Customer Service

8 Customer Service Channels for Ecommerce

Good customer service can be the difference between a one-time and a repeat buyer. But customers’ preferences vary as to their favored channel. Some prefer human interaction. Others seek self-serve or automated solutions.

What follows are eight common customer service channels with pros and cons of each.


Photo of support staff speaking on headsets

Phone support is the most personal, but it’s resource heavy.

Pros: Telephones are the most personal support channel. Many shoppers want to speak with someone directly, particularly if they have a complex query.

Cons: Phone lines are resource-heavy. One alternative is a call-back service rather than a fully-staffed version.


Pros: Email is an existing channel for seemingly all businesses —  whether via a single email address or a form. Consumers are comfortable with it, too.

Cons: A common frustration is in the slow response time. To mitigate, be transparent about the timing, both on your contact page and in an auto-response to new queries. Consider also referring customers to alternative channels, such as self-serve resources.


Pros: Self-serve portals such as FAQs and help centers allow customers to find quick answers to common questions, reducing inbound business queries. Plus, the options require no staffing requirements.

Cons: Lack of human interaction means detailed, specific queries will not be addressed.

Social Media

Pros: Social media channels are convenient and familiar to customers.

Cons: Adding social media for customer service is a challenge for many businesses. Customers can post negative queries publicly — on Facebook, Twitter, Instagram — generating unwelcome attention. Moreover, customers expect quick responses on social media. Businesses can help by moving the dialog to private messages and communicating likely response times.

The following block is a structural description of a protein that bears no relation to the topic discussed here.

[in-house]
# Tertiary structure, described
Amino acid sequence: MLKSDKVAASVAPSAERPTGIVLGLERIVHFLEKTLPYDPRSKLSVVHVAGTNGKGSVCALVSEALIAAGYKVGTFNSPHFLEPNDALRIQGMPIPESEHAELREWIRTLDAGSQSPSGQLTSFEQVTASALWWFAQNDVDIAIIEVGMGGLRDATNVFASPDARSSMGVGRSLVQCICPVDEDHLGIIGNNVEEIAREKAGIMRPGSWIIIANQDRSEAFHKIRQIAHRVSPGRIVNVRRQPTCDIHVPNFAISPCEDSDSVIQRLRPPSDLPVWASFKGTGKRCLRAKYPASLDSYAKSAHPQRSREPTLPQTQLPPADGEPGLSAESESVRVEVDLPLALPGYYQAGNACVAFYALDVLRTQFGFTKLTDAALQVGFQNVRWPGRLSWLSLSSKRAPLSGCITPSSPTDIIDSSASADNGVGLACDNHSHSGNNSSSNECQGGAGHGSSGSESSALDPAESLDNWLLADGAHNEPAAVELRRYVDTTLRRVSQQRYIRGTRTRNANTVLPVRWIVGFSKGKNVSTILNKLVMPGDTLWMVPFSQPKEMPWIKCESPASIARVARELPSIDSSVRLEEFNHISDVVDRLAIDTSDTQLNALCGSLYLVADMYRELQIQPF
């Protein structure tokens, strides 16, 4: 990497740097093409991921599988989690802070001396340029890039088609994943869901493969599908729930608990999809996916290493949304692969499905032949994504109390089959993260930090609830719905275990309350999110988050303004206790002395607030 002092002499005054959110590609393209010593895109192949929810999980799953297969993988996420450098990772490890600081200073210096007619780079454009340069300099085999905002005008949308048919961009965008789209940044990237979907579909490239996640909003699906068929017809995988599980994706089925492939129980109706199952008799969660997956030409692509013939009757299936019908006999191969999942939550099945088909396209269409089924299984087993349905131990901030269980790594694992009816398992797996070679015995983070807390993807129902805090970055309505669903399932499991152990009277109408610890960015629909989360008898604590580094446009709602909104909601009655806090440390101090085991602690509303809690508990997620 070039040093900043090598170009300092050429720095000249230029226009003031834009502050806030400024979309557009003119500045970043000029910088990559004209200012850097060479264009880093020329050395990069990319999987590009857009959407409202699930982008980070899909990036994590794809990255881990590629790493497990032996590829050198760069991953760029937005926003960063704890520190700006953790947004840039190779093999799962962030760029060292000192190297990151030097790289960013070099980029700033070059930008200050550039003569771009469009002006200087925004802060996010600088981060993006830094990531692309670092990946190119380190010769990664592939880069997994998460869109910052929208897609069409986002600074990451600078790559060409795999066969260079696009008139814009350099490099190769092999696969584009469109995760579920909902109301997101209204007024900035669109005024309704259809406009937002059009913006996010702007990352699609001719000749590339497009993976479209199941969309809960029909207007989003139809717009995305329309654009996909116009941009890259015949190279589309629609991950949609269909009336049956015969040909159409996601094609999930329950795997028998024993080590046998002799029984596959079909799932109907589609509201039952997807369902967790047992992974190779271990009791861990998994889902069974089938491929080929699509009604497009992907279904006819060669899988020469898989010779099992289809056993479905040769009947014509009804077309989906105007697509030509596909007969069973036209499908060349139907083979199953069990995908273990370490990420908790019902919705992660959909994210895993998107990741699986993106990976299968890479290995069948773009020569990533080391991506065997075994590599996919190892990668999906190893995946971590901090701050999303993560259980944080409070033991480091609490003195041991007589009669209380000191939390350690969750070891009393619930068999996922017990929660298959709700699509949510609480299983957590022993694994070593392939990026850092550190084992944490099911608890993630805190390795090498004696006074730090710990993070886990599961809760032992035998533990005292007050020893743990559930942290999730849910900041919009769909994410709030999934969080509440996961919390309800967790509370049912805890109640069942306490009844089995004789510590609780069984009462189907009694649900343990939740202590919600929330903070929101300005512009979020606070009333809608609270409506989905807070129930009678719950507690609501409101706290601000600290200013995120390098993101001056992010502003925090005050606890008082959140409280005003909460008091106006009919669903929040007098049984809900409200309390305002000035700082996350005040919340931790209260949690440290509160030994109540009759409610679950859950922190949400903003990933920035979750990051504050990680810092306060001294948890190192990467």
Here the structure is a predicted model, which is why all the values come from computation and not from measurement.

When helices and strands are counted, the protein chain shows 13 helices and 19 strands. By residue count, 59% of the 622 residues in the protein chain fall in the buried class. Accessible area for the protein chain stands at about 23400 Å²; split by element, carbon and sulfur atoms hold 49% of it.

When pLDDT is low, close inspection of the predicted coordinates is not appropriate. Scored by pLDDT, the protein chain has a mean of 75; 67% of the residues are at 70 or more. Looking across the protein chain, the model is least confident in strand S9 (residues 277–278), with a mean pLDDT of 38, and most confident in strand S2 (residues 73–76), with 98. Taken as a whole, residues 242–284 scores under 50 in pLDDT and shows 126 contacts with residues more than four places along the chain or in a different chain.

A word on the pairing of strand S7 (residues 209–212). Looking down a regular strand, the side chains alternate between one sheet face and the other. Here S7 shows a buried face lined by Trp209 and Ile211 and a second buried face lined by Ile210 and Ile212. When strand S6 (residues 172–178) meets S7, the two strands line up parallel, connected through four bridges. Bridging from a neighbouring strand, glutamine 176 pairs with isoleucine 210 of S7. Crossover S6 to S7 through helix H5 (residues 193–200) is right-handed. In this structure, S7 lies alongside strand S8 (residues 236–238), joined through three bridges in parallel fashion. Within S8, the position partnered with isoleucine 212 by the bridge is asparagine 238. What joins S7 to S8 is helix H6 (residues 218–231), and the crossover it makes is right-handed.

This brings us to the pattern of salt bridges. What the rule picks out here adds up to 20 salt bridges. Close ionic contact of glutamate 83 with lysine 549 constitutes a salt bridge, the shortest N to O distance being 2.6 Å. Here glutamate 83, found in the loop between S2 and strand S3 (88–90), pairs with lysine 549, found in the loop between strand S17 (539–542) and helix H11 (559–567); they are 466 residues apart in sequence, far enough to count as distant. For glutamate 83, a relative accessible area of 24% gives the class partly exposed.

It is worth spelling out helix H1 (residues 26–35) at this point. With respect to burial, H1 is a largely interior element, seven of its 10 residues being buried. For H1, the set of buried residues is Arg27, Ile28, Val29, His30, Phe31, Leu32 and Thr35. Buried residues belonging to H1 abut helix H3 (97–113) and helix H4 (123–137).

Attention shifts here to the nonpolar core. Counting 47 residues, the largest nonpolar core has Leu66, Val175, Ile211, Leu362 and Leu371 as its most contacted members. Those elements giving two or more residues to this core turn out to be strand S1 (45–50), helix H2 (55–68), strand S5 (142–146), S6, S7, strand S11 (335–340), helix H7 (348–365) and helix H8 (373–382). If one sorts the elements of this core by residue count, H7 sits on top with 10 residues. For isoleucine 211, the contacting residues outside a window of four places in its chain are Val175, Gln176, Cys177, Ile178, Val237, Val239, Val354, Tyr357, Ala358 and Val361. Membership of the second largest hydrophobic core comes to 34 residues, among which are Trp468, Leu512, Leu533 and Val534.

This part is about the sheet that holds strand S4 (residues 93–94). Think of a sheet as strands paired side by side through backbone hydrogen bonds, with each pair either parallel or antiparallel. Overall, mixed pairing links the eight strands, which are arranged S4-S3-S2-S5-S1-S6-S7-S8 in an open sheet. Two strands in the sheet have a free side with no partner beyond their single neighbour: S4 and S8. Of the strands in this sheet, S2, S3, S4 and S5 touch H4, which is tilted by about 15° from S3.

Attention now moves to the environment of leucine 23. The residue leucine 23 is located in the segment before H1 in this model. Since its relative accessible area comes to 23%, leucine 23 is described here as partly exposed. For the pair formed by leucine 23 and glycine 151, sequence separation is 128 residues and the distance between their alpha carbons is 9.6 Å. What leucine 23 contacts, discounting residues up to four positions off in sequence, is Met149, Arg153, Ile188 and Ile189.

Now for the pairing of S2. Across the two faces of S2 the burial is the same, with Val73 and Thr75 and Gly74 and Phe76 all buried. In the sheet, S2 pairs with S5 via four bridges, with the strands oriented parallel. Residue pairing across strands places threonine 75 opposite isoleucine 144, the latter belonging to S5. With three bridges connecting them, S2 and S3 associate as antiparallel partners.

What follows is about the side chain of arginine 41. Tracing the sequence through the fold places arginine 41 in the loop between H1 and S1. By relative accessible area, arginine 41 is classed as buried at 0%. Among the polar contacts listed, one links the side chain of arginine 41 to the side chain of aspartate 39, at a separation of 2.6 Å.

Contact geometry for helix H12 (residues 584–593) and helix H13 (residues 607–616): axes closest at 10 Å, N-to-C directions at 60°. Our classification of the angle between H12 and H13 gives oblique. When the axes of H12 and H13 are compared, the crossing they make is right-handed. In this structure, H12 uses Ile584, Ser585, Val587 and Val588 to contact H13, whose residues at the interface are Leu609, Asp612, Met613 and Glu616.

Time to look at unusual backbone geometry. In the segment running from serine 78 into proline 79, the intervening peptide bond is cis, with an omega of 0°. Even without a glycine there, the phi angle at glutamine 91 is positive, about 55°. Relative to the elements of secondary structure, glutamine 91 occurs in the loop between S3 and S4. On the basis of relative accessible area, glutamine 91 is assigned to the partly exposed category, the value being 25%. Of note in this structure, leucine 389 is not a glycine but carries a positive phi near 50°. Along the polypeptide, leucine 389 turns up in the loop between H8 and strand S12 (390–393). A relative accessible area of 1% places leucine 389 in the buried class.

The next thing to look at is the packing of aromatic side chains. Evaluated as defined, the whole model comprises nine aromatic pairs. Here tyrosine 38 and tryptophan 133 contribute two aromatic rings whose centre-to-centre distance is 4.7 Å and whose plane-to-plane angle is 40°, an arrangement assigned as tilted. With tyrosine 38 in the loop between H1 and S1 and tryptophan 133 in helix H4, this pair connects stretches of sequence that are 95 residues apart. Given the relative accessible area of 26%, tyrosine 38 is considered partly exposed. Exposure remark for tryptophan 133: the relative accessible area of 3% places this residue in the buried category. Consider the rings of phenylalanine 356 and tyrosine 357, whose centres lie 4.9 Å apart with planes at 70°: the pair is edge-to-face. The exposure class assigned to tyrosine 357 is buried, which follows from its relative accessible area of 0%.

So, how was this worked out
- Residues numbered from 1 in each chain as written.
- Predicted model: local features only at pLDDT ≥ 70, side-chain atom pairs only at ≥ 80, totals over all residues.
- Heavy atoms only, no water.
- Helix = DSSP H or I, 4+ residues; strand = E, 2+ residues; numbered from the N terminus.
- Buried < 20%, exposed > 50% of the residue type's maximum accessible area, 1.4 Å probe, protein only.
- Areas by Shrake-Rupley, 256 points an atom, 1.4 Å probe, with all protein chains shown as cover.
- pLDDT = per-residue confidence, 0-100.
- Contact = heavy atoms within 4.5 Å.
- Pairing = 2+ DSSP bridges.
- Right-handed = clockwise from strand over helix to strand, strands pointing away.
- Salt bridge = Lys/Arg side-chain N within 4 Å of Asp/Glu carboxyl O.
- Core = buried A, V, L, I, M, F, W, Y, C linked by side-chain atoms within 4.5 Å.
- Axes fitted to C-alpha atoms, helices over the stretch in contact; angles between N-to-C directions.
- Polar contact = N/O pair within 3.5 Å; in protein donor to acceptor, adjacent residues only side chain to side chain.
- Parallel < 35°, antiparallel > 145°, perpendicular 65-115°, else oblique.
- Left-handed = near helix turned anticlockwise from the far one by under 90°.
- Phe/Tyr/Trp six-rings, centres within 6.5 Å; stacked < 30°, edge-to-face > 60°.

Live Chat

Pros: Live chat is an easy method for customers to receive quick answers to their queries.

Cons: The challenge for businesses is meeting shoppers’ expectations of an instant, human-generated response. Plus, shoppers need to remain on site for their queries to be answered.


Pros: Chatbots provide automated responses to customer queries, avoiding a live agent and thus reducing costs. Chatbots can be operated as a standalone app or integrated with existing providers such as LiveChat, WhatsApp, WeChat, and Facebook Messenger. Chatbots are loaded initially with common questions and answers and then use artificial intelligence to match queries to answers and grow the overall library. Many businesses use chatbots as the first interaction and pass the consumer to human support as needed.

Cons: Some shoppers dislike automated support at any level, preferring human interaction.


Screenshot of WhatsApp home page

WhatsApp, a phone-based app, requires no active browser window, an advantage over live chat.

Pros: Customer service on Meta-owned WhatsApp operates in much the same way as a chat platform but with the advantage of being an app on a phone rather than requiring an active browser window. Small businesses can use WhatsApp’s free version, while larger operations benefit from the pro features and integrations.

Cons: Many shoppers are unfamiliar with WhatsApp or prefer not to download the app. Using WhatsApp requires registration.

Facebook Messenger

Pros: Facebook Messenger, like Whatsapp, has the advantage of being an app with automated features.

Cons: Customers must download the app and register with Facebook.

Samantha Collier
Samantha Collier
Bio   •   RSS Feed